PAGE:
The argument about overseas students being counted in migration statistics is another one of those debates that is essentially more about point-scoring than it is of any real use. If the students are removed from the stats it would facilitate a sudden massive drop in migration numbers. However, it would also give a very skewed idea of the real number of people migrating to the UK.
When overseas students, especially at higher education level, come to the UK they have to pay astonishingly high tuition fees. They also have to pay for their visa applications, and of course cover all the costs of the physical move. So it is fair to say they truly invest in their education, and they do so – in the most part – with every intention of applying that education to their lives and careers.
These are people we should take pride in as a country. The fact overseas students have chosen to come to the UK for their education should be a matter of great pride for the UK. Even more importantly, there is an increased chance that they might stay in the UK as skilled workers. That makes them an excellent investment for the country.
Overseas Students as an income source
It didn’t take me long to do some research into the fees for overseas students. It took me longer to pick myself up from the floor, though. A Tier 4 Student visa costing £335 for the application to the Home Office. The applications are not simple and unless professional representation is sought, it is very easy to fall foul of the finer details of the application. Legal fees can be from around £800 to £1200* for the application, depending on personal circumstances (see below*). According to one leading UK University, an Undergraduate degree fees for a year are just over £15,000, rising to over £35,000 for clinical courses.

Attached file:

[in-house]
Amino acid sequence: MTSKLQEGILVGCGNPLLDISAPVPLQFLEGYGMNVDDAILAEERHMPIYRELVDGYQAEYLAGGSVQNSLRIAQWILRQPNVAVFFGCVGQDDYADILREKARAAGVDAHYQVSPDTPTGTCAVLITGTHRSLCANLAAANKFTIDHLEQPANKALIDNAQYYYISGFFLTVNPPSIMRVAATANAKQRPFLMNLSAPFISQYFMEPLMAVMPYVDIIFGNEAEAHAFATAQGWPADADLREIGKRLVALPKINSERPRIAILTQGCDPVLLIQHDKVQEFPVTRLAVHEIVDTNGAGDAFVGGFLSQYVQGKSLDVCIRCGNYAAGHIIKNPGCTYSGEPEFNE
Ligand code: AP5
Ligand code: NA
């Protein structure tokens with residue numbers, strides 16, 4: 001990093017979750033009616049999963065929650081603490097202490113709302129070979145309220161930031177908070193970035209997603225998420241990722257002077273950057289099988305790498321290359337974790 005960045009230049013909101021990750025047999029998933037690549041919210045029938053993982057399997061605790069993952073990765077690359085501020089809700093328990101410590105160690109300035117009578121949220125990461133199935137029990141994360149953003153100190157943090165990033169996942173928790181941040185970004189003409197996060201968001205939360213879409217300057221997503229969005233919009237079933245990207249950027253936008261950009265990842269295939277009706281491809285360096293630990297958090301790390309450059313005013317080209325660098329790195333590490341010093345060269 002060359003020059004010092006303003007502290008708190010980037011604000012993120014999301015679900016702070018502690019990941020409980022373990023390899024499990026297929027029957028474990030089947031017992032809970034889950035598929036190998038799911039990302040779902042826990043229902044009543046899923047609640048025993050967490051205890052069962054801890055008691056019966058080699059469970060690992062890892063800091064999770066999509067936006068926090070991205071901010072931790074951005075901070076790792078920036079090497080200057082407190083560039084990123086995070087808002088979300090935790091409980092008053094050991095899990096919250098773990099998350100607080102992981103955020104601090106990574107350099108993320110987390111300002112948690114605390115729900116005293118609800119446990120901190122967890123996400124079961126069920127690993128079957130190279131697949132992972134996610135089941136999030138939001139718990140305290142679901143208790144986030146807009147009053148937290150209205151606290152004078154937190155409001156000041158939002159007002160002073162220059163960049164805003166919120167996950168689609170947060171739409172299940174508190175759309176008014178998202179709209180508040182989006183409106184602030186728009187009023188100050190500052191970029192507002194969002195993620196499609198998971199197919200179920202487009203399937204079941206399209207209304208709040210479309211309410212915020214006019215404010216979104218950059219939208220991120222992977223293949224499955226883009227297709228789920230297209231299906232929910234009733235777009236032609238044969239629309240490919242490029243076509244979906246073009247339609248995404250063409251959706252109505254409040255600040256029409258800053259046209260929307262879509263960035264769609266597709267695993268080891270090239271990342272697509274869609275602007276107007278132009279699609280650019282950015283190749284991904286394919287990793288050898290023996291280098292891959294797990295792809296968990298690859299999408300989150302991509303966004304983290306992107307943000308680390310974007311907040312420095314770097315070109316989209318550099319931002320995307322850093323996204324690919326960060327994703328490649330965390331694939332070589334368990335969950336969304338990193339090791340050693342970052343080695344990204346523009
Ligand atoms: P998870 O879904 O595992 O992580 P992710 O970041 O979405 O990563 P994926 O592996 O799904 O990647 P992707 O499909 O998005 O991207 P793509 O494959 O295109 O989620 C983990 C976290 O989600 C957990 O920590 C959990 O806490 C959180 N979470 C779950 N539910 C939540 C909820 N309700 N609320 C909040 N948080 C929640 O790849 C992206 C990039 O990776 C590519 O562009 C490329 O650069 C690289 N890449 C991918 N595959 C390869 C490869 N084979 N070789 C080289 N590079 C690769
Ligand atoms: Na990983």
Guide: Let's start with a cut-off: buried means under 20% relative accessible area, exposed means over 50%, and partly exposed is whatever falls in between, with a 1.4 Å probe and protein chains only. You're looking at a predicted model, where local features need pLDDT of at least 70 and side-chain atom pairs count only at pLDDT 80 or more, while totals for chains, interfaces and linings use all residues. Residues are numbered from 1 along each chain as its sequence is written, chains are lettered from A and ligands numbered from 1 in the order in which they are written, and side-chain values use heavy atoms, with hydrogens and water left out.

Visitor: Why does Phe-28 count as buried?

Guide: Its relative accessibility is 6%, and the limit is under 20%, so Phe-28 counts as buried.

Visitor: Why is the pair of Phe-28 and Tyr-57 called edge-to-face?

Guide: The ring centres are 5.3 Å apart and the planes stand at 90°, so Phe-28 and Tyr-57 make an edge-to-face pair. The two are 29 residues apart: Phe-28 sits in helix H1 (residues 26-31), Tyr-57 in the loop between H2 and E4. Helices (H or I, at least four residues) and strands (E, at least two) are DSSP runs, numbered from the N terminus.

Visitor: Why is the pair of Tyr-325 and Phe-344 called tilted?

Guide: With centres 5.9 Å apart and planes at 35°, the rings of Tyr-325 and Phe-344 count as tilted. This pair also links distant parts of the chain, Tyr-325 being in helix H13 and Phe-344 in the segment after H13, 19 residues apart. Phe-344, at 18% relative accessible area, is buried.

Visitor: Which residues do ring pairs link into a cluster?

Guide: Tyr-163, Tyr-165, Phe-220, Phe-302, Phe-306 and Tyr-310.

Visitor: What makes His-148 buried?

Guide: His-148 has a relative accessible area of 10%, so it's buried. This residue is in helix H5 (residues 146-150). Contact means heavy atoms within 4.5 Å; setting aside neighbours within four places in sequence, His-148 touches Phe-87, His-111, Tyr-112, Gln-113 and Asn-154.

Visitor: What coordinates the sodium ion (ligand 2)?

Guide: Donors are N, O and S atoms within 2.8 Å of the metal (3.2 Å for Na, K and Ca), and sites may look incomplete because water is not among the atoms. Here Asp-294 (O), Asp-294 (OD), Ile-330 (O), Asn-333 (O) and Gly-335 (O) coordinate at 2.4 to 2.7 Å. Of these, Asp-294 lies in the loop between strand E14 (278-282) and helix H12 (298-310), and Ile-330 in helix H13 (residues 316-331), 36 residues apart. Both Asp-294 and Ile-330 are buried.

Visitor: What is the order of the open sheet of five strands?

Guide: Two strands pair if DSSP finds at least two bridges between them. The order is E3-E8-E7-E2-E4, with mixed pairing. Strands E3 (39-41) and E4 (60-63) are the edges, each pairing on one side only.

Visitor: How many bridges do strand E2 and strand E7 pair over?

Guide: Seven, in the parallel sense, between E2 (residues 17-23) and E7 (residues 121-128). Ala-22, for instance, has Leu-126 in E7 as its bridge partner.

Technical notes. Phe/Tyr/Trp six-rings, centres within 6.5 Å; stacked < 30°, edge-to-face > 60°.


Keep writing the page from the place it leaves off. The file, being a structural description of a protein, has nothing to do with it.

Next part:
Considering that the minimum threshold for ILR applications now includes a minimum salary of £35,000, that might illustrate the magnitude of those fees. British students thought they were hard done by with their £9,000 fees, but they also have wider and easier access to funding.
So it is fair to say, in most cases, overseas students invest a significant amount of their money coming to university in the UK. In many cases they choose to remain in the UK and find jobs, or continue their studies. A very small number overstay their student visas by not applying for extensions or switching to other visas. Either way, if the system was to change so that overseas students are not counted in the migrant statistics they would need to be added if they choose to stay, or counted in some way as “leaving” when they return to their home countries. To simply discount them from the net migration figures were serve absolutely no practical purpose whatsoever.
Other than to falsely manipulate statistics for their own gains.
And since they have made such a public issue of it, they will now have to publish two figures. One for net migrants “not including overseas students,” and one for “including overseas students” – the latter being for those of us not fooled by the clearly fudged statistics.
Surely we should be welcoming people into the country – hard working, money investing people – and showing that they count. If they choose to leave, then we can discount them: it seems simple enough.
Or is there some other reason that this government doesn’t want to be transparent about migration statistics?
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